The Transparency of Damage Dice Irrelevance

Frequent readers of The Id DM likely know the site started as a result of my interest in analyzing data related to combat speed in Dungeons & Dragons 4th Edition. To satisfy that curiosity, I coded episodes of the Dungeons & Dragons Penny Arcade & PvP Podcast Series and presented the results. One of the more intriguing results was the findings related to the behavior of the DM, Chris Perkins. Here is what I wrote back in March 2011:

I analyzed the behavior of the DM. I was unable to break down the DM’s actions in the same two categories (Roleplaying & Tactical Decisions; Rolling/Calculating & Results) because the DM – quite frankly – moved too fast for me. The DM does not appear to be rolling for his attacks, and may be using an automatic dice roller . . . [and] takes significantly less time to take the monsters’ actions when compared to the PCs. Considering the DM is managing the actions of up to seven monsters, this is impressive.

And here is an excerpt from Mr. Perkins’ latest The Dungeon Master Experience column series:

As much as I like rolling dice to achieve random results, as a DM working behind the screen, I prefer to roll as few dice as possible. In fact, I usually keep only two dice behind my screen. That’s two dice total . . .

Two dice behind the DM screen, you say?

Why the heck not. I know how much damage (on average) a monster’s supposed to deal — I have a spreadsheet that tells me (with numbers derived from a fairly straightforward formula). Should my players care that I’m rolling 1d6 + 25 instead of 4d8 + 10, like the Monster Manual says I should? Why should they care? The only measurable difference is a narrower damage range with results edging closer to the average (26-31 damage instead of 14-42 damage), and my players have more important things to worry about than whether or not a monster’s damage range is wide enough . . .

If I have a choice between rolling 3d10 + 11 damage or 1d6 + 24 damage, I’ll take the single die and the big modifier. It seems like an insignificant thing, but it’s the kind of no-brainer shortcut that keeps overworked DMs like me alive and kickin’.

I informed you thusly. I so informed you thusly.

“The dragon breathes a hellacious plume of fire. You all take [rolls 3d10 + 4d6 + 2d8 and adds modifier] . . . hey, wake up! You’re fighting a dragon!”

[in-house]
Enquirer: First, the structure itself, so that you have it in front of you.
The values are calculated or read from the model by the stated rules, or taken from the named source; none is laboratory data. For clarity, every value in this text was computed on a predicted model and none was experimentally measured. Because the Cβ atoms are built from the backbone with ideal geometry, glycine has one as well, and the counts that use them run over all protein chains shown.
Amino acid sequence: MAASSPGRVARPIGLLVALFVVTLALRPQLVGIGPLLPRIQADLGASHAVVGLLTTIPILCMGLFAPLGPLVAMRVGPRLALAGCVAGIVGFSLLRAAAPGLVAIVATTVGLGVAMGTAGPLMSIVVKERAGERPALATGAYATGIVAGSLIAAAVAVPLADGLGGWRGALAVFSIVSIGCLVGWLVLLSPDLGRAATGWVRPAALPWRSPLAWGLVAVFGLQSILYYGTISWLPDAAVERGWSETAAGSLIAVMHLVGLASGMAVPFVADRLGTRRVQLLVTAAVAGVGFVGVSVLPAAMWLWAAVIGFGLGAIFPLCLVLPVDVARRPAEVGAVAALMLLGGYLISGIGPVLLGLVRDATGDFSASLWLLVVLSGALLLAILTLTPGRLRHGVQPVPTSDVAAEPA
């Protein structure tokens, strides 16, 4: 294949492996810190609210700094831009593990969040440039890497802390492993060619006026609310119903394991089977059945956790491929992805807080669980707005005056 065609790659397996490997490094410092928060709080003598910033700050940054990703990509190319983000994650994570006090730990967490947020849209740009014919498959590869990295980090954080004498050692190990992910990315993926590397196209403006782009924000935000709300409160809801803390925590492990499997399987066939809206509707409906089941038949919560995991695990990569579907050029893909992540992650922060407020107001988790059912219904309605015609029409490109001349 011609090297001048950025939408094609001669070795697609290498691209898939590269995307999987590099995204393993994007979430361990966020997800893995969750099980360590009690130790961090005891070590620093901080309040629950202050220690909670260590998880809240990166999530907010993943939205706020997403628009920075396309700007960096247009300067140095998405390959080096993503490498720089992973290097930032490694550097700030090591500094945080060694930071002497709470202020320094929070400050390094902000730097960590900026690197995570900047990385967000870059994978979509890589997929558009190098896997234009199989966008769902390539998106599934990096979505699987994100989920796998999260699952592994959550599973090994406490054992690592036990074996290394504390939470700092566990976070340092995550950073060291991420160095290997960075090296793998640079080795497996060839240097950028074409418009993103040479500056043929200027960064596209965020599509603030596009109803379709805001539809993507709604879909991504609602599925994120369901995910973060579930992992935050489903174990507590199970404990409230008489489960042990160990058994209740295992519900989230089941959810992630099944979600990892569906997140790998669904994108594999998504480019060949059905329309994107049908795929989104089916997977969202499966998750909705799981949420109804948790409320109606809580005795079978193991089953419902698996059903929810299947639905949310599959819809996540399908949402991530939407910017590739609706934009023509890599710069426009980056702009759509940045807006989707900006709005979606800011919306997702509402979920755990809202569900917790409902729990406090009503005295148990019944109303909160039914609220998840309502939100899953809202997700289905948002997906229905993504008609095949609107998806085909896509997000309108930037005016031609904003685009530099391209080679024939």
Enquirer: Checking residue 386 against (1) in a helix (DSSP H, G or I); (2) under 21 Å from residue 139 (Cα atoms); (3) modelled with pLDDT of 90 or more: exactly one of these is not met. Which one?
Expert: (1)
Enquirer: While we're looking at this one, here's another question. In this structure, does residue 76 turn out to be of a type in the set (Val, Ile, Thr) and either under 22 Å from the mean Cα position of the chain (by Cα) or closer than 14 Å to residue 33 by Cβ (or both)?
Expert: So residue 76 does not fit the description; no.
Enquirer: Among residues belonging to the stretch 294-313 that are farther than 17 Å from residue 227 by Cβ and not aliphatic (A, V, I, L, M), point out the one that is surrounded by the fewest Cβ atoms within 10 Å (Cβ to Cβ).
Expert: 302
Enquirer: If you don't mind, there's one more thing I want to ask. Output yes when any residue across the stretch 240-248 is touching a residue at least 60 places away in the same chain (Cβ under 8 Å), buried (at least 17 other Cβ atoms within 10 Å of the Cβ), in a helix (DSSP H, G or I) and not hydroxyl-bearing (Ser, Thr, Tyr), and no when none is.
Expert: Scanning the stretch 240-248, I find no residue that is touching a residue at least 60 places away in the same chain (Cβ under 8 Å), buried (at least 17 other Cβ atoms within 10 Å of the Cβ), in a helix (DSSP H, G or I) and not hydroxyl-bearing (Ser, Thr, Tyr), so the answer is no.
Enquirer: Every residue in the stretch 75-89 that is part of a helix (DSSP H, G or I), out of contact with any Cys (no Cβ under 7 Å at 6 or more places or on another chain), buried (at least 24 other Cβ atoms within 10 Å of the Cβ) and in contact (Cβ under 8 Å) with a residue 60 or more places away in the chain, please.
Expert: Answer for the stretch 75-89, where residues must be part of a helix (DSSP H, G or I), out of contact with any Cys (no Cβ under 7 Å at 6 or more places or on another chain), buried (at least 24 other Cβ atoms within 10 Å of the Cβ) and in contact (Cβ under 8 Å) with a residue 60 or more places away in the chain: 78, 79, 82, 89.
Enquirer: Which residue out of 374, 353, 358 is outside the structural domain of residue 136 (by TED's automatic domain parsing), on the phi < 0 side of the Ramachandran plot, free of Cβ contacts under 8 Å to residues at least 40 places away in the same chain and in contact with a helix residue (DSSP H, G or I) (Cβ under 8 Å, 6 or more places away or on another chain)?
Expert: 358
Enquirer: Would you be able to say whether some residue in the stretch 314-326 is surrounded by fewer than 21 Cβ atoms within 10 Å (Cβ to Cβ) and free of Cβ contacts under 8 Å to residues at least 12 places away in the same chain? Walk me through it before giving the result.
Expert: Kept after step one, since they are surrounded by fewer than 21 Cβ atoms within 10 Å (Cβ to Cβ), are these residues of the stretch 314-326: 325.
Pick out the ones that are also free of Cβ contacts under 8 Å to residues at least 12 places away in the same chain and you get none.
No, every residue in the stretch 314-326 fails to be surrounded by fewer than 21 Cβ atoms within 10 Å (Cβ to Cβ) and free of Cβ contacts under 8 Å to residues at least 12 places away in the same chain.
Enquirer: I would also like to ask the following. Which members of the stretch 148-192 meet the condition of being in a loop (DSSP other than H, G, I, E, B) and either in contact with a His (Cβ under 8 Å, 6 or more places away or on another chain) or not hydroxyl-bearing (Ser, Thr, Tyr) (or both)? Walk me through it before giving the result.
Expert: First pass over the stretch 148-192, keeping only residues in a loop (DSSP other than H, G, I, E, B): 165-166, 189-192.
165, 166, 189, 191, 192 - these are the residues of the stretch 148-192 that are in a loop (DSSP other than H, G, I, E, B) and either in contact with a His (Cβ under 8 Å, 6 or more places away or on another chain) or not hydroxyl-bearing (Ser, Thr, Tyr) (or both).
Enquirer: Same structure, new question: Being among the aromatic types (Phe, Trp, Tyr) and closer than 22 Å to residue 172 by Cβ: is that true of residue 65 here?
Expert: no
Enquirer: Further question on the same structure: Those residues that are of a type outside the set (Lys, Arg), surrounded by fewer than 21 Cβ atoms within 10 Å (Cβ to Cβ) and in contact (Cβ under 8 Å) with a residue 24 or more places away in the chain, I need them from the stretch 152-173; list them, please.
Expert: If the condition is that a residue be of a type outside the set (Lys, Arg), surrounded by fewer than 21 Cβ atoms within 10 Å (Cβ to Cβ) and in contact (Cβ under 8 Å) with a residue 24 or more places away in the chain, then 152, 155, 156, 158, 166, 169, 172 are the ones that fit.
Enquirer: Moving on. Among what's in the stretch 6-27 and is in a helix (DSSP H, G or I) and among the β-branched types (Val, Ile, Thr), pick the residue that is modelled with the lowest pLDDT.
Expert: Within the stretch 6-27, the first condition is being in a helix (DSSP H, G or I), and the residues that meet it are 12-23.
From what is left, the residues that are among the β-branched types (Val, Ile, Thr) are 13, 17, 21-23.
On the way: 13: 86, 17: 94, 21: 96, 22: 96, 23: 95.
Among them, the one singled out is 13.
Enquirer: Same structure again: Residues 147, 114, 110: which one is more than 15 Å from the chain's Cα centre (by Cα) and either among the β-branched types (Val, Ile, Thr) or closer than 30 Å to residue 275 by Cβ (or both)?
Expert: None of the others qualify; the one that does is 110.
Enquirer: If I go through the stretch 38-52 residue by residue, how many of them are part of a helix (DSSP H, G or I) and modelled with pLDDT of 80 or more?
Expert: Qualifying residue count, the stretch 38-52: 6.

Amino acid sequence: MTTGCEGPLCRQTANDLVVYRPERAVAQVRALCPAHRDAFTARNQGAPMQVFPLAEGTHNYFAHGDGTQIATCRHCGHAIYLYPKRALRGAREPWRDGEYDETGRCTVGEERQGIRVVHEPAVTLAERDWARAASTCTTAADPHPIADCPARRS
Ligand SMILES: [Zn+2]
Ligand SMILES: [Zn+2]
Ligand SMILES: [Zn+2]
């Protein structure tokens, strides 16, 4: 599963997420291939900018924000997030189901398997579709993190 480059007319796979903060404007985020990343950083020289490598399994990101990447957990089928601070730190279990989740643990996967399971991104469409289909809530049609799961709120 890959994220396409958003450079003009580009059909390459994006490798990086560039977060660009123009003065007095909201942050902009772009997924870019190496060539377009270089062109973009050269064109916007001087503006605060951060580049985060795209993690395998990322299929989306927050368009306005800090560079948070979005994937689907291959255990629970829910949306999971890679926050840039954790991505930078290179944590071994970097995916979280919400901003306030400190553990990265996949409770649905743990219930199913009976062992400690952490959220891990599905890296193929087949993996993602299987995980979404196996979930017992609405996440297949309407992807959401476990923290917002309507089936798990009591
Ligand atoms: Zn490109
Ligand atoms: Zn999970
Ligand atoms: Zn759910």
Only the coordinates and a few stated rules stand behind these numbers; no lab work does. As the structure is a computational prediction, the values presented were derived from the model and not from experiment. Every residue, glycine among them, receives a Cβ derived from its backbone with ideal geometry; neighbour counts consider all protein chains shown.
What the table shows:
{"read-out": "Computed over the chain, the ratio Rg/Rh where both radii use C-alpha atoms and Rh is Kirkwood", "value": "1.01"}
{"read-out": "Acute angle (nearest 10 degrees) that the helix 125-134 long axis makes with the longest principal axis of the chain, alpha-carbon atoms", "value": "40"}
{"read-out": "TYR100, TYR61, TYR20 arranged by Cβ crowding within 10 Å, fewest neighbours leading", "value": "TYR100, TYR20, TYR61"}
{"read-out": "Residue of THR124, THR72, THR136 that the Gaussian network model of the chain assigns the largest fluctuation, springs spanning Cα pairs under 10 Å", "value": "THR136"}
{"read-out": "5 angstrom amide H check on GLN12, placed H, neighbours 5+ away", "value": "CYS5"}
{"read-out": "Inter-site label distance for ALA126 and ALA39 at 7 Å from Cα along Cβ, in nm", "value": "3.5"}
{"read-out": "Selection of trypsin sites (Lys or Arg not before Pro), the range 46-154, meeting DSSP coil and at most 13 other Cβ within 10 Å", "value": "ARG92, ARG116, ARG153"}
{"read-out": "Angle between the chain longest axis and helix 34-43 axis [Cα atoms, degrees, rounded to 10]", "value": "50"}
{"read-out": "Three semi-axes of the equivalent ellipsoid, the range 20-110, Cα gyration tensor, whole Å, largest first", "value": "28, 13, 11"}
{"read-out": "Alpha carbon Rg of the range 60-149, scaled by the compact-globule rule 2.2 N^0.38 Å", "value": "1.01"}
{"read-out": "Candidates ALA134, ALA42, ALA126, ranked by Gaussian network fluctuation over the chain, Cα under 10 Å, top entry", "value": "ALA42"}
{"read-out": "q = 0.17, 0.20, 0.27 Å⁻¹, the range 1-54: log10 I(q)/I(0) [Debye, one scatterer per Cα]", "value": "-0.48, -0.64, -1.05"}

I have considered alternatives such as pre-rolling attack and damage dice to reduce the number of rolls a DM needs to complete while running an encounter. But one person like myself offering alternative mechanics through an independent blog seems vastly different from the DM of Wizards of the Coast– the company that designed and published D&D 4th Edition – writing on the company’s website that dispensing with the damage-dice mechanic is a “no-brainer shortcut.”

The column by Mr. Perkins – regardless if you agree or disagree with him on the importance of damage dice – is noteworthy. Below, I attempt to explain why I find his column so intriguing and – in some ways – pleasantly shocking.

Why Do DMs Roll For Damage?

The core of Mr. Perkin’s column is that calculating monster damage through complicated roll with multiple dice and modifiers is unnecessary – and to summarize it even more bluntly – a waste of the DM’s and players’ time. I mentioned this on Twitter and it started the ball rolling on a wonderful conversation, leading Scott Rehm to question:

The DM rolling a first time to determine if an attack hits a character and a second time to determine the amount of damage the hit inflicts upon a character seems to be the SOP in all editions of D&D. Why is the game built this way?

First, I believe all players including the DM enjoy rolling dice. It adds randomness to the proceedings and it is simply enjoyable. Second, rolls add drama and unpredictability to the events in a campaign, such as a normal monster going nova and almost killing the entire party with numerous critical hits with a high crit weapon. A potential consequence of reducing the amount of rolls is the events become more scripted. A potential benefit of maintaining rolls is everyone at the table does not know exactly what will happen next. In summary, it seems the two most obvious reasons to keep damage rolls are players like to roll dice and it increases the element of unpredictability.

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There are numerous alternatives to having two separate rolls for attack and damage. In fact, 4th Edition D&D features monsters that inflict a static amount of damage – Minions. Each minion in 4th Edition comes with a static damage amount instead of a damage dice formula. During the flow of conversation on Twitter, I asked why it was acceptable to have static damage for minions but not other monsters:

The feedback above suggests that rolling damage for many minions would take up too much time. But how is rolling damage for six or more non-minion monsters during an encounter any less boring or time-consuming? If the static damage used for minions makes the game flow better, then would not the same concept apply to all monsters as suggested by Mr. Perkins?